Thermo-CVD Technology

What is Thermo-CVD

The THERMO-CVD process is an advanced thermal process for plastic waste treatment and consists of two main stages. In the first stage, plastic waste is thermally decomposed in the absence of air into organic gases at optimized conditions. In the second stage, the organic gases are transformed into solid carbon and hydrogen either via non-catalytic thermolysis or catalytic chemical vapor deposition processes.

Read more

Carbon black (in case of non-catalytic thermolysis) or multi-walled carbon nanotubes (in case of catalytic chemical vapor deposition) are the two types of solid carbon from the process. The both types of solid carbon are manufacturing additives for an array of products, including batteries, plastic/resin composites and coatings. Hydrogen from the process is a strategic fuel for the upcoming energy transition needed to achieve net zero targets. Currently, carbon additives and hydrogen are mainly manufactured from natural gas or other fossil resources. The THERMO-CVD process uses plastic waste instead. In this sense, the technology defossilizes supply chain as the products from plastic waste displace those made from newly mined non-renewable resources.

THERMO-CVD technology breaking down mixed plastics into gases that are further converted into hydrogen a low carbon fuel and solid carbon products such as carbon nanotubes via a catalytic process and carbon black via a thermolysis process.


Polyolefins (polyethylene and propylene) are excellent plastics for making carbon nanotubes. Shopping bags, milk containers, bottle caps, trays and other domestic utensils are made from polyolefins.

Flexible packaging

The types of flexible plastic packaging include bags, pouches, sachets, squeezable containers, films and wraps. Has diverse polymer composition. Apart from polyolefins, contains polyamides, polyesters, polyvinyl chloride, polyvinyl alcohol and others.

Marine plastic litter

Any types of plastic goods can end up in the ocean: straws, single-use utensils, packaging, bottles, labels, fishing nets, etc. In natural environment, marine litter disintegrates into microplastics posing ecotoxicity risks.

Origin of Thermo-CVD

The technology has been intensively studied in Nanyang Technological University (NTU, Singapore) since 2015 with the main goal of improving the economy of plastic waste recycling and making waste processing more competitive. NTU researchers have conducted proof of concept studies, technical feasibility studies, and life cycle assessment studies using various plastics. Realizing the potential of THERMO-CVD process, our company licensed core intellectual property from NTU in 2021 for further development and deployment at larger scale.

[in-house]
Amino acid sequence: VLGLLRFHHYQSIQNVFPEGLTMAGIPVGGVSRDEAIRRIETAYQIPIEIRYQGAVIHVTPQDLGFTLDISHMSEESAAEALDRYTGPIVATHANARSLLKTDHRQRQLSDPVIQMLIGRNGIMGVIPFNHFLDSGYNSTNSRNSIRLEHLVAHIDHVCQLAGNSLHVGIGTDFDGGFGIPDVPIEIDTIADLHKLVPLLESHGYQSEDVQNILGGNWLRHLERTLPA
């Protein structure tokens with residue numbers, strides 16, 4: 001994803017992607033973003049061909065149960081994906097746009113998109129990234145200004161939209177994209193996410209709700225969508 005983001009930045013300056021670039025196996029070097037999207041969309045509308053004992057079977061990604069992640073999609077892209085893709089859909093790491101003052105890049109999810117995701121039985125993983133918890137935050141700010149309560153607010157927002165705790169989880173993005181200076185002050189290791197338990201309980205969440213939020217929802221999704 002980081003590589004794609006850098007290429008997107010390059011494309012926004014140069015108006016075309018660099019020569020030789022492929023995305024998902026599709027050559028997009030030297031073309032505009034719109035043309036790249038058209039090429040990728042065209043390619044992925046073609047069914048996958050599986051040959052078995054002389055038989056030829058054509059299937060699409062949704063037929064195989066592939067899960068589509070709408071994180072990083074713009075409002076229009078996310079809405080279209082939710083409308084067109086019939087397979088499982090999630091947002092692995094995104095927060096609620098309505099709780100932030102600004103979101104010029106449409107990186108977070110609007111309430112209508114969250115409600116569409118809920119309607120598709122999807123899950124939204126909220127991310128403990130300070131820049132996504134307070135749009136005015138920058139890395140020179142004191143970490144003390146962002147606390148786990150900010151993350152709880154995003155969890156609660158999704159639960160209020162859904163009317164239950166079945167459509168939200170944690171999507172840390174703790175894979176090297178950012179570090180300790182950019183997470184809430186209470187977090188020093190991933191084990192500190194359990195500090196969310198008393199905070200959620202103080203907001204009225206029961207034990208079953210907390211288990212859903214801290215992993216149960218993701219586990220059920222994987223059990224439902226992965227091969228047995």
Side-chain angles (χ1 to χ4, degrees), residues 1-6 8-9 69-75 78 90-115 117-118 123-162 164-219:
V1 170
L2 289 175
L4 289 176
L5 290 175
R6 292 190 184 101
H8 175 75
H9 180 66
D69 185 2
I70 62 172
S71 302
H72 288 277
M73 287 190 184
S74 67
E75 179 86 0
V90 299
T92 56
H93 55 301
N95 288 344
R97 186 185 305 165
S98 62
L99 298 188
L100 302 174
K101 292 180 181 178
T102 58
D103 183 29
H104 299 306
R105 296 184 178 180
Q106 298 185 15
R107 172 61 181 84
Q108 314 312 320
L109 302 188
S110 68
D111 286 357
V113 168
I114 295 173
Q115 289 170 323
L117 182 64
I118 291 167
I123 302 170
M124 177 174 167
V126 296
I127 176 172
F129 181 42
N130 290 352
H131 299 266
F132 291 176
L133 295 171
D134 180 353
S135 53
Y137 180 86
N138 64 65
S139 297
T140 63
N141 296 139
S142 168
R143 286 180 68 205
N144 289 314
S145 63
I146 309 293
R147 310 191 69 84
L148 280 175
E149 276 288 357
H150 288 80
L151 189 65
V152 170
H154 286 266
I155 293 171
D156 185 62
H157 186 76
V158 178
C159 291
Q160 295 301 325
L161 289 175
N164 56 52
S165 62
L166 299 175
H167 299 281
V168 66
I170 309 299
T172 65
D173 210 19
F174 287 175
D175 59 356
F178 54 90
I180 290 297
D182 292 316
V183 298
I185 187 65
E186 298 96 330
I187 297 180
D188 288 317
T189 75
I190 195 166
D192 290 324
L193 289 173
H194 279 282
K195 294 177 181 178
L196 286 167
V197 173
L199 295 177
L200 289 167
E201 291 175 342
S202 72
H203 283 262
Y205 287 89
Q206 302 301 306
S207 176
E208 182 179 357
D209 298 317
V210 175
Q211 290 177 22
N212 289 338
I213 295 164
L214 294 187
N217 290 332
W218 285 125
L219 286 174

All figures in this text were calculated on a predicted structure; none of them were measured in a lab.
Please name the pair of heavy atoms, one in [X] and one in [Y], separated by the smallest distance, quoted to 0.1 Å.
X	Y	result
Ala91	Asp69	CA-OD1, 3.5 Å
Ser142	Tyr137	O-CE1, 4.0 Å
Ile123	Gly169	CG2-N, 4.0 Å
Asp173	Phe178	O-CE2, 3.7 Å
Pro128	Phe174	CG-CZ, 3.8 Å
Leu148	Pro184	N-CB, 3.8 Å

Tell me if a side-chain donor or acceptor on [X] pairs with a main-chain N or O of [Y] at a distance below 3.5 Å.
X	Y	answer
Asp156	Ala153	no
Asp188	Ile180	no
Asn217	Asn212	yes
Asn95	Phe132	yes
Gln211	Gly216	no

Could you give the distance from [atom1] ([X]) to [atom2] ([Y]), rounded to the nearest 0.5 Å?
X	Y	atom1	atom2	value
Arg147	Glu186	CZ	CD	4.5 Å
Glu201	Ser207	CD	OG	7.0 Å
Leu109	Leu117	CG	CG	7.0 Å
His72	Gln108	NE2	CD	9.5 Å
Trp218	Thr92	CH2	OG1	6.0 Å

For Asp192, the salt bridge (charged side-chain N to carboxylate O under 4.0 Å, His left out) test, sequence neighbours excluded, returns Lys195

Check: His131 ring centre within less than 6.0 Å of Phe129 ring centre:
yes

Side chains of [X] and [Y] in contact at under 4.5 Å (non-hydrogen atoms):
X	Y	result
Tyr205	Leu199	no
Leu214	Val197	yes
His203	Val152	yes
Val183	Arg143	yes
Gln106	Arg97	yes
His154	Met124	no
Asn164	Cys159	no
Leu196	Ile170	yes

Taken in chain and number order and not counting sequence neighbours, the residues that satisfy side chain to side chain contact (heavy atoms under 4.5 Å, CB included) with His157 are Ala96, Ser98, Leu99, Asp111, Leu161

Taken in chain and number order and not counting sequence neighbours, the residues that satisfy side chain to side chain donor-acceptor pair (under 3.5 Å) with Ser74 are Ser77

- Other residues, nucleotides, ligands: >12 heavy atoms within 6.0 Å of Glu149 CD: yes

Selected scientific publications about THERMO-CVD:

  1. Veksha A., Wang Y., Foo J.W., Naruse I., Lisak G. Defossilization and decarbonization of hydrogen production using plastic waste: Temperature and feedstock effects during thermolysis stage. Journal of Hazardous Materials 452 (2023) 131270.
  2. Veksha A., Ahamed A., Wu X.Y., Liang L., Chan W.P., Giannis A., Lisak G. Technical and environmental assessment of laboratory scale approach for sustainable management of marine plastic litter. Journal of Hazardous Materials 421 (2022) 126717.
  3. Veksha A., Ke Y., Moo J.G.S., Oh W.-D., Ahamed A., Chen W.Q., Weerachanchai P., Giannis A., Lisak G. Processing of flexible plastic packaging waste into pyrolysis oil and multi-walled carbon nanotubes for electrocatalytic oxygen reduction. Journal of Hazardous Materials 387 (2020) 121256.
  4. Ahamed A., Veksha A., Yin K., Weerachanchai P., Giannis A., Lisak G. Environmental impact assessment of converting flexible packaging plastic waste to pyrolysis oil and multi-walled carbon nanotubes. Journal of Hazardous Materials 390 (2020) 121449.
  5. Veksha A., Giannis A., Chang V.W.-C. Conversion of non-condensable pyrolysis gases from plastics into carbon nanomaterials: Effects of feedstock and temperature. Journal of Analytical and Applied Pyrolysis 124 (2017) 16-24.